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San Diego Metropolis Lawyer Receives A $ 265,000 Scholarship to Struggle Drug Driving – The San Diego Union-Tribune

A state agency has awarded a $ 265,000 grant to Mara Elliott law firm in San Diego to continue funding a team of prosecutors working on drug-driving cases.

The California Road Safety Bureau has given the Attorney General's Office the same grant for tracking drug driving cases since 2015, according to a press release. However, this year's Drug DUI Prosecution Grant represented an increase of nearly $ 67,000 from the $ 198,302 grant awarded last year.

Elliott's office said the funding will help treat cases involving only drug-disabled driving and drivers who are under the influence of drugs and alcohol.

"The highly trained prosecutors on this team handle each case vertically, with an assistant city attorney handling each case from arrest to conviction to conviction," Elliott's office said in a press release.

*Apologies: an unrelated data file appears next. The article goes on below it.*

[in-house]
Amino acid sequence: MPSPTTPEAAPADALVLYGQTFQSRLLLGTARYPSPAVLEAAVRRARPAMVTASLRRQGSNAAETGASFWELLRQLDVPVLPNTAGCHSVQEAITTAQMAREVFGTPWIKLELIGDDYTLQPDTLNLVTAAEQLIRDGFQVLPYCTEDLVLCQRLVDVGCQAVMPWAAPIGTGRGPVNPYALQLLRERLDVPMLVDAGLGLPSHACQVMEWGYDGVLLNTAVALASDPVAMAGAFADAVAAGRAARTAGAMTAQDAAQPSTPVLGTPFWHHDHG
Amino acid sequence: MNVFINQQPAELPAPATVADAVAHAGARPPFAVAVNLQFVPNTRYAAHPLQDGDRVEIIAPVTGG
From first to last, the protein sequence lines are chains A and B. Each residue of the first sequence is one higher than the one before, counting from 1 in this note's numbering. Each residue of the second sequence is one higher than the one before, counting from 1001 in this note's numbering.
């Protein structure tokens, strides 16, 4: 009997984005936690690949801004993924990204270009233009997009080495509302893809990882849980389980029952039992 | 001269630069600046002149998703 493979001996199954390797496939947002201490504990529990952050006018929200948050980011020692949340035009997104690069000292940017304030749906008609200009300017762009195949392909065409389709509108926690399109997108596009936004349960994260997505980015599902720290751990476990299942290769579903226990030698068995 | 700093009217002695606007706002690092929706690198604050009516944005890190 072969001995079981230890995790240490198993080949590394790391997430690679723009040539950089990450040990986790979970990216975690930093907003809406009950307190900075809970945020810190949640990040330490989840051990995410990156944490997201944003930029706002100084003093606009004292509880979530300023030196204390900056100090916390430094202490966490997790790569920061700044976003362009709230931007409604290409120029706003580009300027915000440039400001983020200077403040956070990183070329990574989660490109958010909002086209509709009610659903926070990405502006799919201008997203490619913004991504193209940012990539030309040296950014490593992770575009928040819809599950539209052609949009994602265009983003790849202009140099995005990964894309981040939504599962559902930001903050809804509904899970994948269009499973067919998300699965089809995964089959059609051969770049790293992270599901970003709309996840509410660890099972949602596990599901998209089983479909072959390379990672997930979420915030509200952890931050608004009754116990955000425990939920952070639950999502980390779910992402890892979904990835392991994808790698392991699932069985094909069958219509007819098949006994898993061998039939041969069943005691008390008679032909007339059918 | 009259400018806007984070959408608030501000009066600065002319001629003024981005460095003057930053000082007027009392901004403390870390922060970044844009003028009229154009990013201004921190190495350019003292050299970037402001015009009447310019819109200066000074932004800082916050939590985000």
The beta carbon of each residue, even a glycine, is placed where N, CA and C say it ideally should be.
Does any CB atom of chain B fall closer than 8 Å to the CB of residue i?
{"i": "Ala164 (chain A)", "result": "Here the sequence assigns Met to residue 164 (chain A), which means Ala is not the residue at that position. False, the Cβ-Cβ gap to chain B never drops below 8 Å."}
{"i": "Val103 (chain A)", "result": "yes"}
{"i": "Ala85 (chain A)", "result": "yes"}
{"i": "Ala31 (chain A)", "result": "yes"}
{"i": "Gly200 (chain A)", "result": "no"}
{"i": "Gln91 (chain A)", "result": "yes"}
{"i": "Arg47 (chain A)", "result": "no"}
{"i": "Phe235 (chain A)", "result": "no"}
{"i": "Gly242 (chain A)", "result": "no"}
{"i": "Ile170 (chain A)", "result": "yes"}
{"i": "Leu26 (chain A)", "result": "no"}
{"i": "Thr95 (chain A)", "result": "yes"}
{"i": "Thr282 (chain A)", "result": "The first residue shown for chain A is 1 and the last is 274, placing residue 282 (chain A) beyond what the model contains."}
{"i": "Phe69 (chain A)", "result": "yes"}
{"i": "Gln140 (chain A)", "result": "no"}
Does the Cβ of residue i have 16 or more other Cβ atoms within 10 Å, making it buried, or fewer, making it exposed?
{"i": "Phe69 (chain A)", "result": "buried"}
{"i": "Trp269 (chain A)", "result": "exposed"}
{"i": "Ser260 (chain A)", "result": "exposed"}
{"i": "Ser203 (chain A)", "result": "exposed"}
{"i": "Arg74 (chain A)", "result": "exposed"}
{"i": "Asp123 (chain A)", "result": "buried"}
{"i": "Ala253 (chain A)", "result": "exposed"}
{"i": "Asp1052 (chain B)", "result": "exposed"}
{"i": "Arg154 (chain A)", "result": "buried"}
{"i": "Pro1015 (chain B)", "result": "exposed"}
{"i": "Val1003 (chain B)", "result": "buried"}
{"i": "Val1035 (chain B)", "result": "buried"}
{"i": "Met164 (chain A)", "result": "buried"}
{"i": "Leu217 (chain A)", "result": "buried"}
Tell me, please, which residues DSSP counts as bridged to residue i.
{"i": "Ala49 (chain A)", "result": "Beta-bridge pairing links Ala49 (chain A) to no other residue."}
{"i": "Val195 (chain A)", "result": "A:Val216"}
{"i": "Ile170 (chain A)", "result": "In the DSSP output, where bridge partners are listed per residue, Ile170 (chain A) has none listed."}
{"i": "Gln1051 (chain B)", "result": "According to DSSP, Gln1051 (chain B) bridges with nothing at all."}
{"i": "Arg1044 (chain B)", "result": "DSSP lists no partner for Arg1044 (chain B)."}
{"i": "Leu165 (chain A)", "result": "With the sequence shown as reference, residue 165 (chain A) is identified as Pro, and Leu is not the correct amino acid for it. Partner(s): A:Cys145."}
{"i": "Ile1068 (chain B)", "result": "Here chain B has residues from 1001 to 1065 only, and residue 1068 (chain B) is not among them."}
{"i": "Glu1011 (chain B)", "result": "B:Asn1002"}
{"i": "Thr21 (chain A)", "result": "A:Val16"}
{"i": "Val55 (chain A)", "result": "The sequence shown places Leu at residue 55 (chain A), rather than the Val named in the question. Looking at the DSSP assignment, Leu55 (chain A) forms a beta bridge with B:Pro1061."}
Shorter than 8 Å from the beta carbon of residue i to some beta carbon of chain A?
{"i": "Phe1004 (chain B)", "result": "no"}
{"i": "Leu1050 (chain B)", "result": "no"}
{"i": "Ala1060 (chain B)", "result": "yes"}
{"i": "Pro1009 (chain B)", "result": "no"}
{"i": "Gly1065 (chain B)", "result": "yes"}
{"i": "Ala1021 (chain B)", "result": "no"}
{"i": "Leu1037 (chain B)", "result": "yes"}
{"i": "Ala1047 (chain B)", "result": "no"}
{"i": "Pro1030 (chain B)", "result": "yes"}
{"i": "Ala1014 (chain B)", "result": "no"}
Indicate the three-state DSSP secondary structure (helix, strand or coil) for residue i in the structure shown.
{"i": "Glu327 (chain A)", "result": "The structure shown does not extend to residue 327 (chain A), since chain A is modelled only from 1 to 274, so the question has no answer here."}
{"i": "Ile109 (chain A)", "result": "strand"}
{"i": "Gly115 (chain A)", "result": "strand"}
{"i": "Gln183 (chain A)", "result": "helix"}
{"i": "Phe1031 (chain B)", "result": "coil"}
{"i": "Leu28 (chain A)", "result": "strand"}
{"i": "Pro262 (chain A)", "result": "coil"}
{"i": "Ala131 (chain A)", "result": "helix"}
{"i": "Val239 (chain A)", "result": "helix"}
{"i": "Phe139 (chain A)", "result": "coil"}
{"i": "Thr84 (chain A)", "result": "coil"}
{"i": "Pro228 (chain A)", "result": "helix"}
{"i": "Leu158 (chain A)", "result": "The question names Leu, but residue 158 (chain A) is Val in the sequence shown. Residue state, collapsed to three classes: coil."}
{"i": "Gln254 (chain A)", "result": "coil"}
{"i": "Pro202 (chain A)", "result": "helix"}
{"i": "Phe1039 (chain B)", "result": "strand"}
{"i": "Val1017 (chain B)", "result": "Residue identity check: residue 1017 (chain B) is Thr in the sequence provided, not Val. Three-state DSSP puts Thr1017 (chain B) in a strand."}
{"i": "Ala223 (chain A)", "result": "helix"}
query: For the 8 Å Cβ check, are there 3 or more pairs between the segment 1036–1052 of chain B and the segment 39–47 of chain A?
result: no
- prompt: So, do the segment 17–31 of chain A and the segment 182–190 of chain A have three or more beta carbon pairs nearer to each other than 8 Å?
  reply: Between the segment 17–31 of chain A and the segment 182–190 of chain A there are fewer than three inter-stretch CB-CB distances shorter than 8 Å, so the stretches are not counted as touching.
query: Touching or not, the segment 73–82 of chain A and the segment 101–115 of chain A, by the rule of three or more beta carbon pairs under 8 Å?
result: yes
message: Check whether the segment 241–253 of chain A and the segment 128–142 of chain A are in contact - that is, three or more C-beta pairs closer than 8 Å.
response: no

Between October 1, 2019 and September 30 of this year, the special team's prosecutors filed 157 cases of misdemeanor, according to the press release, in which they drove under the influence of drugs or a combination of drugs and alcohol.

"The aim of the program is to prevent driving disorders and to reduce alcohol and drug-related road deaths and injuries," said the prosecutor in the press release.

According to Elliott's office, there were 24 DUI-related deaths in San Diego County in 2020 "despite fewer automobiles due to pandemic-related restrictions." The city's prosecutor said that if this trend continues, 2020 is on track to surpass the county's worst year, 2017, in which 25 people were killed in DUI accidents.

"Driving while under the influence of drugs can have a devastating impact on San Diego drivers and their families," Elliott said in a statement. “DUI cases continue to exist in our city in which prescription drugs, marijuana and illegal drugs are abused, often in combination with alcohol. This grant enables our highly specialized law enforcement team to work closely with law enforcement agencies to hold those who put our community at risk. "

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